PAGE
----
The U.S. government is the largest lender of money to college students. The most recent report by the U.S. Department of Education said that in 2021 alone, $112 billion in federal grants, loans, and work study was awarded to approximately 10 million students (about half the population of New York) at approximately 5,600 participating secondary schools. The government’s application for financial assistance is called the Free Application for Federal Student Aid but is better known by its common name FAFSA.
According to a U.S. News and World Report, nearly all students who apply for FAFSA qualify. Read on for all of the FAFSA need-to-know essentials, and why it may be worth your time to apply.
FAFSA offers financial aid to college students in three categories: grants, low-interest loans, and work study.
- Grants are free money that does not have to be repaid.
- Low-interest loans need to be repaid in a payment plan after college graduation, your enrollment drops below half-time, or you leave college altogether.
- Work study is money granted through FAFSA but earned by the student working a part-time job at college. The college must offer a job that is compatible with the student’s class schedule.
While the FAFSA application process may seem complex, it’s easier to apply when you know a few important facts.
FAFSA Submission Begins the Year Before
FAFSA awards money on a first-come, first-serve basis. It’s important to apply as close to the opening date as possible. Typically, the FAFSA application is available for submission beginning on October 1 of the year before the school year you will be attending college.
The submission window remains open for several months until June. For example, if you are going to start college in the fall of 2025-2026, your FAFSA application can be submitted beginning October 1 of 2024, almost a year ahead, and will remain open for submission until June of 2025. Due to a recent revision of the application, submissions have been temporarily delayed in 2023 to a beginning date of December 1 for the fall of 2024-2025.
Begin Your FAFSA Application Early
There are two ways to begin the FAFSA application process earlier than October 1 of a student’s senior year.
The first step is for parents of a dependent student to create a FAFSA ID account. Adults who are already living independently of their parents can create their own account. Once an account is established, the applicant receives an ID number that will be used with all interactions and information about their financial aid.
The second step that can be completed earlier is gathering the documents requested with the application. Compiling these documents is often what students or parents find the most challenging. These documents and information should include:
- The account holder’s Social Security number
- A driver’s license, if applicable
- The most recently filed federal income tax return
- W-2 form
- Bank statements or records of savings, investments, or nontaxable income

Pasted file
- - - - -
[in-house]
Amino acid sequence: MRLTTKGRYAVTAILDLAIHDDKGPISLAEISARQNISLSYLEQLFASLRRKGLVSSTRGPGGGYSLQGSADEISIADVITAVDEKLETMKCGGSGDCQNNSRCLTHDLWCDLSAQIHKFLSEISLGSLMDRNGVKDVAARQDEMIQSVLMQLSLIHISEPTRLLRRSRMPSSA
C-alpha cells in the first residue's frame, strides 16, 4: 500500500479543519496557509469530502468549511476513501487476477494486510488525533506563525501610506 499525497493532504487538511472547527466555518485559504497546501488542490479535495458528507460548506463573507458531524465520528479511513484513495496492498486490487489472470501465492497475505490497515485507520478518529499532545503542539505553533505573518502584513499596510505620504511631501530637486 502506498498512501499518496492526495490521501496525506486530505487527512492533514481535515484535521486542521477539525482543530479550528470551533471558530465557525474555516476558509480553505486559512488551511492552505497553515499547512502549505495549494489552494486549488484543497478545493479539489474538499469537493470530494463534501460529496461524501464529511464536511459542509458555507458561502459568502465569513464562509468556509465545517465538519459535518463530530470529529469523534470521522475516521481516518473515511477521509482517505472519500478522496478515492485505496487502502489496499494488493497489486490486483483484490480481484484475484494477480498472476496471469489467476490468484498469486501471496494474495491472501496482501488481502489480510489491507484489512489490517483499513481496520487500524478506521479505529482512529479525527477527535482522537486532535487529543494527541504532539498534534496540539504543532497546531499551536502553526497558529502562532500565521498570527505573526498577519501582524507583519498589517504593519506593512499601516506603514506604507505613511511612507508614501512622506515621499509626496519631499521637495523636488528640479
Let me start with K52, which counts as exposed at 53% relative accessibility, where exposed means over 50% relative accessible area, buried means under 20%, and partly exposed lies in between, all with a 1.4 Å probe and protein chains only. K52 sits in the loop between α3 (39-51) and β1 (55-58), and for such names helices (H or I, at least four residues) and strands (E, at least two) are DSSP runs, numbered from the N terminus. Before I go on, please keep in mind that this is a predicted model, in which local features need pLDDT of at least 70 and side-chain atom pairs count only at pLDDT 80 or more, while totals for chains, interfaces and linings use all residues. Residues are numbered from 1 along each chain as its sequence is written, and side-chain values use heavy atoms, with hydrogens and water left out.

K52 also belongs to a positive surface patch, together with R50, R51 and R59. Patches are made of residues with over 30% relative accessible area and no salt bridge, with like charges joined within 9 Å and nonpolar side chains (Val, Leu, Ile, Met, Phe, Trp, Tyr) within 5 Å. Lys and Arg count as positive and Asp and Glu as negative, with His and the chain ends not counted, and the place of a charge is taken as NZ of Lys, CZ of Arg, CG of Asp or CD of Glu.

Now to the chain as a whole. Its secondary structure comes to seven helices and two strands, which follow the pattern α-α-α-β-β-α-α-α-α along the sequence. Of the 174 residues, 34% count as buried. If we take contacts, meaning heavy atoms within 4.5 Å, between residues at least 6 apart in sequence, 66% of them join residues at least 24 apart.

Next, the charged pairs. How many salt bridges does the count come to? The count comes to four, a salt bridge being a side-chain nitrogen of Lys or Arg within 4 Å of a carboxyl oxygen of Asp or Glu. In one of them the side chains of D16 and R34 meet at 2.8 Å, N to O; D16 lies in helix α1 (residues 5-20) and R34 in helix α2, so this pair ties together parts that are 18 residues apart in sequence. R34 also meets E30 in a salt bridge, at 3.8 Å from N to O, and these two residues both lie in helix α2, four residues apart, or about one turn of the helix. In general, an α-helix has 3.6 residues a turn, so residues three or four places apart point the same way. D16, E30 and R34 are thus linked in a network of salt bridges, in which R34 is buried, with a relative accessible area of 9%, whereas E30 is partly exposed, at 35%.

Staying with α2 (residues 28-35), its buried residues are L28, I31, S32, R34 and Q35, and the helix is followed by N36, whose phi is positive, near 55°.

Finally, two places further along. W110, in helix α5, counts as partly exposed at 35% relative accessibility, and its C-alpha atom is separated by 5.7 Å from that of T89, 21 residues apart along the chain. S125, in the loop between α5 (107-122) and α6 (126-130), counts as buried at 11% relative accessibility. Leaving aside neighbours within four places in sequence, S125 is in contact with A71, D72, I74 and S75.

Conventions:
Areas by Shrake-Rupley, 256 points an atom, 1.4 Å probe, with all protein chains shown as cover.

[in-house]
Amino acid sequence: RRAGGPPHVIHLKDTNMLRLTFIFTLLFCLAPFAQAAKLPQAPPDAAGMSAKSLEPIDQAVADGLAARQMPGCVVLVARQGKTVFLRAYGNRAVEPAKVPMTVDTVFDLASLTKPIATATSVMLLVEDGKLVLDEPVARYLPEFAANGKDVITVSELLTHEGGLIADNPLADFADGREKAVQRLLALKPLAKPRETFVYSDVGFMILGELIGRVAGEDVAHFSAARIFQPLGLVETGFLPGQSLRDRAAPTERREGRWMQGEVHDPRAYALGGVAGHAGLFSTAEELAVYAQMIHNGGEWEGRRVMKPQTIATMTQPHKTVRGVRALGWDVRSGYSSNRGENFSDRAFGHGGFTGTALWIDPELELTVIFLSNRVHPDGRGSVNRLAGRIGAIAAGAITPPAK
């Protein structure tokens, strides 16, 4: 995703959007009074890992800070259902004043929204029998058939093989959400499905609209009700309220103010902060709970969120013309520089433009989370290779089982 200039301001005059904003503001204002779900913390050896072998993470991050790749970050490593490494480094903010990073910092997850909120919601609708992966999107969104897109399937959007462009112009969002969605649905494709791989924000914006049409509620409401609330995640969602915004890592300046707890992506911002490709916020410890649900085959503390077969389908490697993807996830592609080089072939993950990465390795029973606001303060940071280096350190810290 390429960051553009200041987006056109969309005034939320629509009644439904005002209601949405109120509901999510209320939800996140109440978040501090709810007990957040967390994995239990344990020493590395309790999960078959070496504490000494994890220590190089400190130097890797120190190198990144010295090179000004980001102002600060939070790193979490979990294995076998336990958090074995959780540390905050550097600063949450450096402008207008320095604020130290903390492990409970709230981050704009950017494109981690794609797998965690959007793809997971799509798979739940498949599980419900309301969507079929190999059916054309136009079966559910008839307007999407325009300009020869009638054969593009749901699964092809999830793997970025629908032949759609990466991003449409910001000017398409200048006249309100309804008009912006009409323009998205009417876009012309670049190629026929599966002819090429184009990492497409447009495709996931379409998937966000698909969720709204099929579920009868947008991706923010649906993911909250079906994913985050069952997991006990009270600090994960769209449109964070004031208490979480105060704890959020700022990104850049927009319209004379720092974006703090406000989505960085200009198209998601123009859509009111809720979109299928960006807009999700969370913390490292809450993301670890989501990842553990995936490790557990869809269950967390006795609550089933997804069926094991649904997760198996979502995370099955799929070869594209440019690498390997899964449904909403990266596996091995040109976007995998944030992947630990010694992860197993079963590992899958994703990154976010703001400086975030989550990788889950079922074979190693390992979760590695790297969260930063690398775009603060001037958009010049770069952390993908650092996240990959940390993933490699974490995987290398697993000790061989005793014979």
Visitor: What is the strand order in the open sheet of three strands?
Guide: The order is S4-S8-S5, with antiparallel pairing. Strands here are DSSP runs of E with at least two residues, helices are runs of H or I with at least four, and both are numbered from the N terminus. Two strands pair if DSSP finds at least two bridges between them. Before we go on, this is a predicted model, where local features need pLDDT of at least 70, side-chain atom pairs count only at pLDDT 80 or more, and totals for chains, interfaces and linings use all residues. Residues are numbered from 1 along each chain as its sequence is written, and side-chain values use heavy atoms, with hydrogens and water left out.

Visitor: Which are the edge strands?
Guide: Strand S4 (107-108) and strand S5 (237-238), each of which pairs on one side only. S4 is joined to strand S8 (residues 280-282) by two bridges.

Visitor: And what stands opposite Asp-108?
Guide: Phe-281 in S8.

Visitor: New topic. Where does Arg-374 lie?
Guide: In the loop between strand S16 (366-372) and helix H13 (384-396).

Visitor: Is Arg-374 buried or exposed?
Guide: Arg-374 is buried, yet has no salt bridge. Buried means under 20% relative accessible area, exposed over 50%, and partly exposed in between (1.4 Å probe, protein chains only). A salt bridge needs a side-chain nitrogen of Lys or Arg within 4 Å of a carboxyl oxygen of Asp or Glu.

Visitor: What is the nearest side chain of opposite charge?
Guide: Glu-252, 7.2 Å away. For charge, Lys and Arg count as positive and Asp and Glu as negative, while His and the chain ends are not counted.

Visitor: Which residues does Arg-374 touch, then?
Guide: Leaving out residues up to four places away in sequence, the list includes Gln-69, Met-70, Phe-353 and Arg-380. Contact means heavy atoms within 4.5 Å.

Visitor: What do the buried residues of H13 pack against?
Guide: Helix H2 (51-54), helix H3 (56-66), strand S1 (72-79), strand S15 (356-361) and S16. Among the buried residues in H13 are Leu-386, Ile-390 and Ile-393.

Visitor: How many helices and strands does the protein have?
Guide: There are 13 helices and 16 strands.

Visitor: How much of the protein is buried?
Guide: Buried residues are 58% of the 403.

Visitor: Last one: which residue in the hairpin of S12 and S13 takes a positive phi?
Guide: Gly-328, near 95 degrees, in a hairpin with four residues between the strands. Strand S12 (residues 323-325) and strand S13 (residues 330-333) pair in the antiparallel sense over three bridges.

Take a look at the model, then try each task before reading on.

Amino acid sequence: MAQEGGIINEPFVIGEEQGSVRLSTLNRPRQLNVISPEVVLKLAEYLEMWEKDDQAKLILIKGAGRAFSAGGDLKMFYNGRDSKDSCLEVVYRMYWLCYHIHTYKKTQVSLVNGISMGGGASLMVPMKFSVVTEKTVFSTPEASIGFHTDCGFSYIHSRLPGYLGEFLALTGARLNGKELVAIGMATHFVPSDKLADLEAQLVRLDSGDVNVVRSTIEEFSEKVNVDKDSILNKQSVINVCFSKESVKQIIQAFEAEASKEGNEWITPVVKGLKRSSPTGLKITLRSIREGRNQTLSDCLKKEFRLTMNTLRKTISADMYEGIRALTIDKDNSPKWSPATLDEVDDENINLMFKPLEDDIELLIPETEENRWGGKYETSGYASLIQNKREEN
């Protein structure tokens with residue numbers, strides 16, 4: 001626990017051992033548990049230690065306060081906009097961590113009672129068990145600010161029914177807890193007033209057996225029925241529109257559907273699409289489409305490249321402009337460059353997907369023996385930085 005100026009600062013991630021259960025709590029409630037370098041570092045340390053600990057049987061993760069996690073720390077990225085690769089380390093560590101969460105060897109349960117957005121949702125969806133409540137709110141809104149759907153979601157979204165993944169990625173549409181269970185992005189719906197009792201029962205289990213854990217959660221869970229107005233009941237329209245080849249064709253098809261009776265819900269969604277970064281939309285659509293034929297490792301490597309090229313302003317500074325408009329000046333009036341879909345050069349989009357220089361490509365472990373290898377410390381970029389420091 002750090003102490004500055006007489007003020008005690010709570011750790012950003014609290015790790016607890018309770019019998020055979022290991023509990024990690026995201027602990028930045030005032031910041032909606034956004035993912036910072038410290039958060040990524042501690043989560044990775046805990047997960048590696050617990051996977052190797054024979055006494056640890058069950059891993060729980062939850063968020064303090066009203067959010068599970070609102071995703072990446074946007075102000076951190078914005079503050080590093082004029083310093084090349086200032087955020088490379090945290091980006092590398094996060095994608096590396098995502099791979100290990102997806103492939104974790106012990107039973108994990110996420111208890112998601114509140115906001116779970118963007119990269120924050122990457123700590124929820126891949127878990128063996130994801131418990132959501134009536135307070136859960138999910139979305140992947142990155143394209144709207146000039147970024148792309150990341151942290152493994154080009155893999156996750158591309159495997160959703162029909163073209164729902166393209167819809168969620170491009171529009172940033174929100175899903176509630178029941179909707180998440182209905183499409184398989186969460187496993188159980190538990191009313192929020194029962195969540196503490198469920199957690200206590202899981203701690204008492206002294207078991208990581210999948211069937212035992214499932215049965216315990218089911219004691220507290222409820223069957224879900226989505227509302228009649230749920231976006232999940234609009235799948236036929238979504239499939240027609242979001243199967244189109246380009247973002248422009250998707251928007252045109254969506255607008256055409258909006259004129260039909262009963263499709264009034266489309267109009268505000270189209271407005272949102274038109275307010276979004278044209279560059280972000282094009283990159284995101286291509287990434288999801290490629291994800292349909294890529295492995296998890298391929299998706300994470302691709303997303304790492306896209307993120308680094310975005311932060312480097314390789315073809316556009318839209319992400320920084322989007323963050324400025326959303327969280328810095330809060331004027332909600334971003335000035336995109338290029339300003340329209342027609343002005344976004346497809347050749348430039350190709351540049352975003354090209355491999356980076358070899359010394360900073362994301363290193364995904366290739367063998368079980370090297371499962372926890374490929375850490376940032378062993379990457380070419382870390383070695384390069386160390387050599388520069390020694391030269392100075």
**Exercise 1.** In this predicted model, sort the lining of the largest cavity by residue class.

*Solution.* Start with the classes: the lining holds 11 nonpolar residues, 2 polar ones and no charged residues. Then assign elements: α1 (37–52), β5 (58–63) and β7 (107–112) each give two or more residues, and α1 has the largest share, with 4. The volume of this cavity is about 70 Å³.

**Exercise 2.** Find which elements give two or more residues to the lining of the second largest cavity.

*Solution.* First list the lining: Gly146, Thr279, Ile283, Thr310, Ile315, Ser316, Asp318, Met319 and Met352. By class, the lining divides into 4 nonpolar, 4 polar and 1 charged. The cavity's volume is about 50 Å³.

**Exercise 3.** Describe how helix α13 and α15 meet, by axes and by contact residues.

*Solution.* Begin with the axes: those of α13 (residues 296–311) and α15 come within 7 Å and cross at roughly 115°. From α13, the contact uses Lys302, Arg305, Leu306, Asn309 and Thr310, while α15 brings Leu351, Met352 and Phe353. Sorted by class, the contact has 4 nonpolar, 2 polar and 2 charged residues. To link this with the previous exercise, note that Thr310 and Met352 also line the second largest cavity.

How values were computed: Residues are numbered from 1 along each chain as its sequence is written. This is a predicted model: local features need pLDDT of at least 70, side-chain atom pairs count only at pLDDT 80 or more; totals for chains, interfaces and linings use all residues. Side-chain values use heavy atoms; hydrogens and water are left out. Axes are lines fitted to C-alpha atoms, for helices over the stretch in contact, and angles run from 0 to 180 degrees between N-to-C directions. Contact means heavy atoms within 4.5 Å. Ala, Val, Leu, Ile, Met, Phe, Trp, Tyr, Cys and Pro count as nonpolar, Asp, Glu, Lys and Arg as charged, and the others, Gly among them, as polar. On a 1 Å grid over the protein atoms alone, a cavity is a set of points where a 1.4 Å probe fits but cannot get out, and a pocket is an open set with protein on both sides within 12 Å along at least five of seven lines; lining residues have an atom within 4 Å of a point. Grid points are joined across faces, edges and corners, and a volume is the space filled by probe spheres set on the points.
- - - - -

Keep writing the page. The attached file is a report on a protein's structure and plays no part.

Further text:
- Nontaxable income includes welfare payments, child support, alimony, gifts, or inheritance
- For account holders who are not U.S. citizens, the application will require the account holder’s Alien Resident number
Once the account is established and documents assembled, the application process proceeds quickly. It takes less than an hour to fill out the online application for a first-time applicant. For returning applicants it may be as little as 30 minutes. To continue to receive financial aid throughout your collegiate years, you must fill out the form annually.
One additional requirement of the FAFSA is that you submit a list of all colleges you are applying to. If you don’t know this information at the time of application, submit at least one college of interest and add others later.
Misconceptions about FAFSA
Once you have completed the application process, you will be considered and possibly awarded a financial aid package. A financial aid package consists of a mix of grants, scholarships, loans, or work study determined by the information you submitted.
One misconception is that you must accept the entire financial package. This is untrue. You might accept a grant and work study opportunity but not a low-cost loan—what you choose to accept of the financial aid package is entirely up to you.
And on the note of misconceptions, probably the biggest misconception of all, is that you or your family’s income is too high to qualify for financial aid. This is also untrue. There are many factors that determine financial aid and most students who apply do qualify for some type of support. It is also important to fill out a FAFSA as some colleges require it before you can apply for their scholarships and grants.
States also rely on FAFSA information to offer grants and scholarships to resident students. If a student is applying to college, they should also fill out a FAFSA. The FAFSA can benefit anyone who is thinking about going to college.